Do you have a blog? Do you earn money from it? If your answers to both these questions is "yes," your blog may constitute a business for tax purposes. If so, you may be able to take advantage of many valuable business tax deductions.
Blogs cost money--for example, online fees, design fees, and computer equipment. How you can deduct these costs depends on whether your blog is a business or hobby. If your blog is a hobby for tax purposes--as most are--you will be able to deduct the expenses you incur only from any income your hobby-blog earns. If your blog earns no income, you get no deductions at all. However, if your blog is a business, you get these deductions even if it loses money. Indeed, you can deduct your losses from other income you earn--for example, wage income from a job or investments. This make a business far more valuable tax-wise than a hobby.
For tax purposes, a business is any activity in which you regularly engage primarily to earn a profit. You don’t have to show a profit every year to qualify as a business. As long as your primary purpose is to make money, your blog should qualify as a business (even if you show a loss some years). Your blogging business can be full time or part time, as long as you work at it regularly and continuously. And you can have more than one business at the same time. However, if your primary purpose is something other than making a profit—for example, to communicate with your friends or make your opinion known—the IRS will find that your blog is a hobby rather than a business.
It's likely that the vast majority of the millions of blogs on the Internet are hobbies that earn no money for their owners. However, there are many profitable blogs that earn substantial income from Internet advertising and other sources.
There are two ways a blog can qualify as a business--by passing the profit test or the behavior test.
If your blog earns a profit in three of any consecutive five years, the IRS must presume that you have a profit motive. The IRS can still claim that your blog is a hobby, but it will have to prove that you lack a profit motive some other way. In practice, the IRS usually doesn’t attack ventures that pass the profit test unless the numbers have clearly been manipulated just to meet the standard.
To show a profit, your gross income from your blog must be more than your expenses. Any profit—no matter how small—qualifies; you don’t have to earn a particular amount or percentage. The presumption that you are in business applies to your third profitable year. It then extends to all subsequent years within that five-year period beginning with your first profitable year.
If your blog does not satisfy the profit test, it can still qualify as a business if you regularly engage in it primarily to earn a profit. Lots of businesses don't make money when they first get started. This could be the case for your blog.
You can continue to treat your blog as a business and fully deduct your losses, even if you have yet to earn a profit. However, there is a good possibility you'll face an IRS audit if you continue to report losses year after year. Thus, you should take steps to demonstrate that your blog isn’t a hobby. You want to be able to convince the IRS that earning a profit—not having fun or accumulating tax deductions—is your primary motive for your blog.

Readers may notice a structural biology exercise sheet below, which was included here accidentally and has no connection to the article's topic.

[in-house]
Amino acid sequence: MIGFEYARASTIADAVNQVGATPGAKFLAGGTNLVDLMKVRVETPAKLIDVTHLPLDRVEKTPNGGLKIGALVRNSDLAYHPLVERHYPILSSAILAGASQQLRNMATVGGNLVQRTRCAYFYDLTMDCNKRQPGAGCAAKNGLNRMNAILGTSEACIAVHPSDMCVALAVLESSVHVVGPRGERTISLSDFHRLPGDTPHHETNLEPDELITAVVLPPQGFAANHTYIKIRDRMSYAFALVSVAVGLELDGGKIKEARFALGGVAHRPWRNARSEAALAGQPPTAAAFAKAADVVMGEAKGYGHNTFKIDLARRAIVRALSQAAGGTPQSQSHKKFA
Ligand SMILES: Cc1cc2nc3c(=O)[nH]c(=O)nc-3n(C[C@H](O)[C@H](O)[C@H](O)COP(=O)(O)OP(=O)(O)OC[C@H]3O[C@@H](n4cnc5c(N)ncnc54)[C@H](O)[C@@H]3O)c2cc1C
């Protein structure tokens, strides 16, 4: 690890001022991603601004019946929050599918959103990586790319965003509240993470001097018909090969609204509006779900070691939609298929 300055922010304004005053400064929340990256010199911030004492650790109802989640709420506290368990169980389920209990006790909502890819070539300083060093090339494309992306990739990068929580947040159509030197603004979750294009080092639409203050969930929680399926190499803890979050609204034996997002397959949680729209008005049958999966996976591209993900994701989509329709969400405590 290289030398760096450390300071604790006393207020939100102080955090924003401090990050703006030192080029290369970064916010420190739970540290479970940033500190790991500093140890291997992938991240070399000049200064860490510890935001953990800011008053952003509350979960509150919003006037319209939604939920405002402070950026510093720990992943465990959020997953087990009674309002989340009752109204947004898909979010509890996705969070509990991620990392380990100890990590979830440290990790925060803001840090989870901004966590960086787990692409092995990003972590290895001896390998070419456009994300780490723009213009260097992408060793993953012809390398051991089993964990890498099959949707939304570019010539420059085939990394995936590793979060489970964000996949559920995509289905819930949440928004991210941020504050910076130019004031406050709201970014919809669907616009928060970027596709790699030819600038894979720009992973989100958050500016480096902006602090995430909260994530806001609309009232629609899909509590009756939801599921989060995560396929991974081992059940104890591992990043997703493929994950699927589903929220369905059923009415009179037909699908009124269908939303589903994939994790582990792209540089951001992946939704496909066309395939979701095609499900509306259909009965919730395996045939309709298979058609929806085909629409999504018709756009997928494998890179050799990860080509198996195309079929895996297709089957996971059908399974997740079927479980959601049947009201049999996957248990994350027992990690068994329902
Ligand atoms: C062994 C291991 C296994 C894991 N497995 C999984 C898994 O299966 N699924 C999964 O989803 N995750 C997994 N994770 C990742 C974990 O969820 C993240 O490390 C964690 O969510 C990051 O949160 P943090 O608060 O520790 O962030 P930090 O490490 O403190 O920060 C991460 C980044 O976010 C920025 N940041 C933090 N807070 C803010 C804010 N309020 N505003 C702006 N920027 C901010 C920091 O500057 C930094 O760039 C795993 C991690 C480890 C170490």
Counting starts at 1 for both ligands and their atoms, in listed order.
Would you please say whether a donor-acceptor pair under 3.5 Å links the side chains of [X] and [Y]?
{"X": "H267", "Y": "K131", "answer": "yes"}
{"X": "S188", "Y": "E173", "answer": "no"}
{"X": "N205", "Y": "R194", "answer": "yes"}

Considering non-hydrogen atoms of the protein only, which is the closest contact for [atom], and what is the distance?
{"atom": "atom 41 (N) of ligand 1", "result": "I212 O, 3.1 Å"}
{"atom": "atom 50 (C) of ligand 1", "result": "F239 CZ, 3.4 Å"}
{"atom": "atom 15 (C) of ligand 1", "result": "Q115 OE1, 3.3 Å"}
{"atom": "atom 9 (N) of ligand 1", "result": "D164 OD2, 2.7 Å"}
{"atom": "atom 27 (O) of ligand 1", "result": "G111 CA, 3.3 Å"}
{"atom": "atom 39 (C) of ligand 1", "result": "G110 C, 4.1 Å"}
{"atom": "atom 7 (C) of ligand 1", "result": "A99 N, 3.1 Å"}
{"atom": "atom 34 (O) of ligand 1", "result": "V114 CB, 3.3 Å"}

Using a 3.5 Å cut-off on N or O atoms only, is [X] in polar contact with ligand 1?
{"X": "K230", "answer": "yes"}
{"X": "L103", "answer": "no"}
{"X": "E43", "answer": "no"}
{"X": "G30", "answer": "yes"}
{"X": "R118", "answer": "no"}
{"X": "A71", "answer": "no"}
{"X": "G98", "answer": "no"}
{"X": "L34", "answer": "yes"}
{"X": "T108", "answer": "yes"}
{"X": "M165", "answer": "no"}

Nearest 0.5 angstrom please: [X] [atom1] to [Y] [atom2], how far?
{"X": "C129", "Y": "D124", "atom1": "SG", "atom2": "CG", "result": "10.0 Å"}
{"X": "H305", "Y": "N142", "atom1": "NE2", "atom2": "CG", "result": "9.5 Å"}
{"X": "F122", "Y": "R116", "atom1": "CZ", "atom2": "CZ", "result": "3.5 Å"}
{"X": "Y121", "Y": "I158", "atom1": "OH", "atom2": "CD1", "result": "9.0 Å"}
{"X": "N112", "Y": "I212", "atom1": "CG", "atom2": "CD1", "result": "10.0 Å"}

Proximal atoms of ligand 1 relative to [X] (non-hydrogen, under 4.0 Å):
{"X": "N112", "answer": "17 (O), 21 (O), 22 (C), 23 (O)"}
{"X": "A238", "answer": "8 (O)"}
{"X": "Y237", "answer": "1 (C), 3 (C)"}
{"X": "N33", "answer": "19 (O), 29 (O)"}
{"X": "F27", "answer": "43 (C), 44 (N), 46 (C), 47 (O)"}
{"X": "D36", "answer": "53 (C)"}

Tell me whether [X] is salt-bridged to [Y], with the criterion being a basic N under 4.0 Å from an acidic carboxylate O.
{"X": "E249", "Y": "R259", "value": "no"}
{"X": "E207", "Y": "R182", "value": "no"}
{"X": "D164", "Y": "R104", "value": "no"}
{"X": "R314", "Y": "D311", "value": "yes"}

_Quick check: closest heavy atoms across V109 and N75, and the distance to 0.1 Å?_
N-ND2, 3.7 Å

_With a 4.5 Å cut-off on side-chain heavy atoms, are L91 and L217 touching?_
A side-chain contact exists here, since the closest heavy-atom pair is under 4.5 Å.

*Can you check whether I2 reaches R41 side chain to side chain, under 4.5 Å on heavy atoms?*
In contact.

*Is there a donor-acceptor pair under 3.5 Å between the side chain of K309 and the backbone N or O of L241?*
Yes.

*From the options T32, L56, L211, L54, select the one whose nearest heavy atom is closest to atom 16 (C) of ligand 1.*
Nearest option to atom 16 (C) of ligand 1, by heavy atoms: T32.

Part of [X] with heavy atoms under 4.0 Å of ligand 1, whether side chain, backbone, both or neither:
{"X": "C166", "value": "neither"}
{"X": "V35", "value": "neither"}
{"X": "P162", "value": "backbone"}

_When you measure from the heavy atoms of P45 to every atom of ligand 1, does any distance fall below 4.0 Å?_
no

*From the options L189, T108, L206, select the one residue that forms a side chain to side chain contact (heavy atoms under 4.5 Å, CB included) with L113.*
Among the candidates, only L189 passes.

How does the IRS figure out whether you really want to earn a profit? IRS auditors can’t read your mind to establish your motives, and they certainly aren’t going to take your word for it. Instead, they look at whether you behave as though you want to make money.
The IRS looks at the following factors to determine whether you are behaving like a person who wants to earn a profit (and, therefore, should be classified as a business). You don’t have to satisfy all of these factors to pass the test—the first three listed below (acting like a business, expertise, and time and effort expended) are the most important by far.
Among other things, acting like a business means you keep good books and other records and carry on your activities in a professional manner.
People who are in business to make money usually have some knowledge and skill relevant to the business--for example, are you an expert on search engine optimization? If not, you should try to become one.
Businesspeople work regularly and continuously at their businesses. You don’t have to work full time, but you must work regularly.
Having a track record of success in other businesses—whether or not they are related to your current business—helps show that you are trying to make money in your most recent venture.
Even if you can’t satisfy the profit test described above, earning a profit in at least some years helps show that you’re in business.
Earning a substantial profit, even after years of losses, can help show that you are trying to make a go of it.
The IRS figures that you probably have a profit motive—and are running a real business—if you don’t have a substantial income from other sources. After all, you’ll need to earn money from your venture to survive. On the other hand, the IRS may be suspicious if you have substantial income from other sources (particularly if the losses from your venture generate substantial tax deductions).